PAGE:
First forgive yourself and then remind yourself of the benefits you’ll reap when you complete that task you’ve been putting off because of procrastination.
While many may think otherwise, procrastination is not a behavior rooted in laziness. Rather, people engage in procrastination in a bid to avoid the “negative feelings associated” with that task, explains Timothy A. Pychyl, Ph.D., a psychology professor at Canada’s Carleton University and a renowned expert in procrastination.
“We use avoidance to cope with negative emotions,” explains Carleton. “For example, if a task makes us feel anxious, we can eliminate the anxiety if we eliminate the task — at least in the short term. The key relation here is that negative emotions are causal to our procrastination.”
We keep those negative emotions at bay when we avoid a task that’s likely to generate them in the first place, but soon enough we discover that those feelings eventually turn into self-blame, anxiety, and low-esteem — all of which actually leads to more procrastination, creating a vicious cycle. There are, however, a few ways we can prevent that from happening.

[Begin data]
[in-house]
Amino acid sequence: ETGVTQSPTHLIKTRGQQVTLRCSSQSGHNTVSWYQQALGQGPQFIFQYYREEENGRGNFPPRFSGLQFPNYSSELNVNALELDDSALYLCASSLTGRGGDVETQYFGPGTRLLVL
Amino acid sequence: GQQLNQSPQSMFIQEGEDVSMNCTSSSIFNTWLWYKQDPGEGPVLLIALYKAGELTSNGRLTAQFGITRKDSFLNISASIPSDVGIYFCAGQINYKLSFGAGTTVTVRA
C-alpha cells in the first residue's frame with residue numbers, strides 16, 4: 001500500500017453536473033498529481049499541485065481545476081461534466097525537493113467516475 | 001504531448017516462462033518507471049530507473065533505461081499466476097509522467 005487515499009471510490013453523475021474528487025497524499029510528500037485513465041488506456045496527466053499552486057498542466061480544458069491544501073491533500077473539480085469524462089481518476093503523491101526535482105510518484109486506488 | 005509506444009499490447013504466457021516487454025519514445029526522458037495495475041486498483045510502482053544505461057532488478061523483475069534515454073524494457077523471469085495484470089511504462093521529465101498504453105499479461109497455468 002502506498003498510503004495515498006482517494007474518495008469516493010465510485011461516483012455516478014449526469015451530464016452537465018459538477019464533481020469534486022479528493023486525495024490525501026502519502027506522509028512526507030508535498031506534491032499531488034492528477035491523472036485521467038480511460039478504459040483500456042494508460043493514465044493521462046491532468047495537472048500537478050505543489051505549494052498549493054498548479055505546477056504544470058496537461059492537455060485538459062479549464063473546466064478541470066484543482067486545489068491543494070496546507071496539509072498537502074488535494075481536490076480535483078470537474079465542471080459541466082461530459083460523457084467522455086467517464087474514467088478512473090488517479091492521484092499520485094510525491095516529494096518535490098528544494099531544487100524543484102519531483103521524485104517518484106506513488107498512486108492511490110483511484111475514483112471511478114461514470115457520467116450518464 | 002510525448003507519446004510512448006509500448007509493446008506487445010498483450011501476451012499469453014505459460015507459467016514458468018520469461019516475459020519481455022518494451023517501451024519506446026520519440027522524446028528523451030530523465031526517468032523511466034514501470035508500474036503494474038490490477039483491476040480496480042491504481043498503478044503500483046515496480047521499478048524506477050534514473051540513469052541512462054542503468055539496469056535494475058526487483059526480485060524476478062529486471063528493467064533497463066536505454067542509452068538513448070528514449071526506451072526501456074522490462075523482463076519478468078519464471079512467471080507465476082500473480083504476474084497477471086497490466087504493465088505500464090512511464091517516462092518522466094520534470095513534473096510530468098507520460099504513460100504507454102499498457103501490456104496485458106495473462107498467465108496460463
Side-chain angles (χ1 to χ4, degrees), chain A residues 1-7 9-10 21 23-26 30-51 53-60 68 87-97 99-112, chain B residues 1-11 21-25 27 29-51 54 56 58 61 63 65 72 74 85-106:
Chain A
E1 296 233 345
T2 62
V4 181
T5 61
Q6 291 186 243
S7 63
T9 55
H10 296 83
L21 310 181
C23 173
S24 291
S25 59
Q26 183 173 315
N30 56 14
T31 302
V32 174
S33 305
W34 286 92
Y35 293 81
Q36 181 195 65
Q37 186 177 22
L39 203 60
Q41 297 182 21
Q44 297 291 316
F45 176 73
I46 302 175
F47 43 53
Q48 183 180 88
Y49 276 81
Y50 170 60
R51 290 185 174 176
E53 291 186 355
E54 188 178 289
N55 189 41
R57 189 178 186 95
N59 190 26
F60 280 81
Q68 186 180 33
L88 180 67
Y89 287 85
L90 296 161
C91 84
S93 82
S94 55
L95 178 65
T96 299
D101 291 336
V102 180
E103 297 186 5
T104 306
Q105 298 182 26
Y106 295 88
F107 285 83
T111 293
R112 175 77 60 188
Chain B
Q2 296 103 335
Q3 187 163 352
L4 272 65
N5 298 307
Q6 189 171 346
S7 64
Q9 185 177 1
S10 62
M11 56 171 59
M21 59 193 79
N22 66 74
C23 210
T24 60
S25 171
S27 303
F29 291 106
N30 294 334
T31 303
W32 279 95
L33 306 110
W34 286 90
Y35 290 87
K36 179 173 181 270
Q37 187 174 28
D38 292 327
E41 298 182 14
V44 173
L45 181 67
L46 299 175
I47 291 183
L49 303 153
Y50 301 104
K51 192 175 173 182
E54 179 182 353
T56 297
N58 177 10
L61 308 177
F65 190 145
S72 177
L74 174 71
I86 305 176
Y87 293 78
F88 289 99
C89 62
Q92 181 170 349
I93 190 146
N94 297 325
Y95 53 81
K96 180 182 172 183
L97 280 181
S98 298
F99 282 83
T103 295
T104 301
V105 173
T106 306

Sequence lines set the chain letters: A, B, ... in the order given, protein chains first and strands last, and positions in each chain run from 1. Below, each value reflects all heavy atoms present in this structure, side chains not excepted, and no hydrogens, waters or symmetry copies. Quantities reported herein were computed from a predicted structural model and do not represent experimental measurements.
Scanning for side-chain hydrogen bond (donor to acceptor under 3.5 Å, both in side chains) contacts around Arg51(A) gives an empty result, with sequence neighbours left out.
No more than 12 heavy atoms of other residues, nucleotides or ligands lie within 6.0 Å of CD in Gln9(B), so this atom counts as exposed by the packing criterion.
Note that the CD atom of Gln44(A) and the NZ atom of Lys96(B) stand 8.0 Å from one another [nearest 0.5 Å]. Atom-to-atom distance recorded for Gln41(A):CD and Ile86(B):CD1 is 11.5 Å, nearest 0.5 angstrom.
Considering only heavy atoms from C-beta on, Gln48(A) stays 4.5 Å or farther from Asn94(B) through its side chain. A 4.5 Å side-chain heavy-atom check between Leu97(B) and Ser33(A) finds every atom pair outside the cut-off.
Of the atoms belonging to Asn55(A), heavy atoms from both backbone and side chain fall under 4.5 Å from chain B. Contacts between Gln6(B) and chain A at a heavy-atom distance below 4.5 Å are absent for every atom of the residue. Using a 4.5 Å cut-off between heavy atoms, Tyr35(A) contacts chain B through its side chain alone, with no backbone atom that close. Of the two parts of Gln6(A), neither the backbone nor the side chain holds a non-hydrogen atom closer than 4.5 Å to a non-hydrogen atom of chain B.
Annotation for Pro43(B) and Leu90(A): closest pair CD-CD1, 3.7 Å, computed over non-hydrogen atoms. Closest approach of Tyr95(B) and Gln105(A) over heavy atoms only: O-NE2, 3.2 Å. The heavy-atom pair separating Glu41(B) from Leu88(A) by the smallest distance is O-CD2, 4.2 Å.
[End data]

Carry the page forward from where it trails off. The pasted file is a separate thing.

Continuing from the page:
One of these methods involves practicing self-compassion. In fact, a study published in the journal Personality and Individual Differences found that college students who didn’t beat themselves up for procrastinating actually procrastinated less as a result. Another study published in Self and Identity discovered that procrastinators aren’t only more stressed-out but also test really low in the category of self-forgiveness.
“I think people don’t realize that procrastinators, especially chronic procrastinators, are extremely hard on themselves—before and after the task. And rather than getting on with the job, they just go round and round spinning their wheels,” says Fuschia Sirois, Ph.D., a professor of psychology at the University of Sheffield.
According to Sirois, another tactic to effectively beat procrastination is cognitive framing. Essentially, cognitive framing involves reframing the way you think of the task by attaching meaning to it. “Finding meaning in the task … is really, really powerful. And it’s a great way to start that reappraisal process and dial down some of those negative emotions or at least make them more manageable.” For example, you might avoid washing your laundry, but if you think of laundry as a way to a full closet’s worth of options to wear the next day, you’ll be more likely to do it.
Bearing that in mind, next time you find yourself procrastinating, first forgive yourself and then remind yourself of the benefits you’ll reap when you complete that task you’ve been putting off because of procrastination.
Personality and Individual Differences — I forgive myself, now I can study
Self and Identity — Procrastination and Stress: Exploring the Role of Self-compassion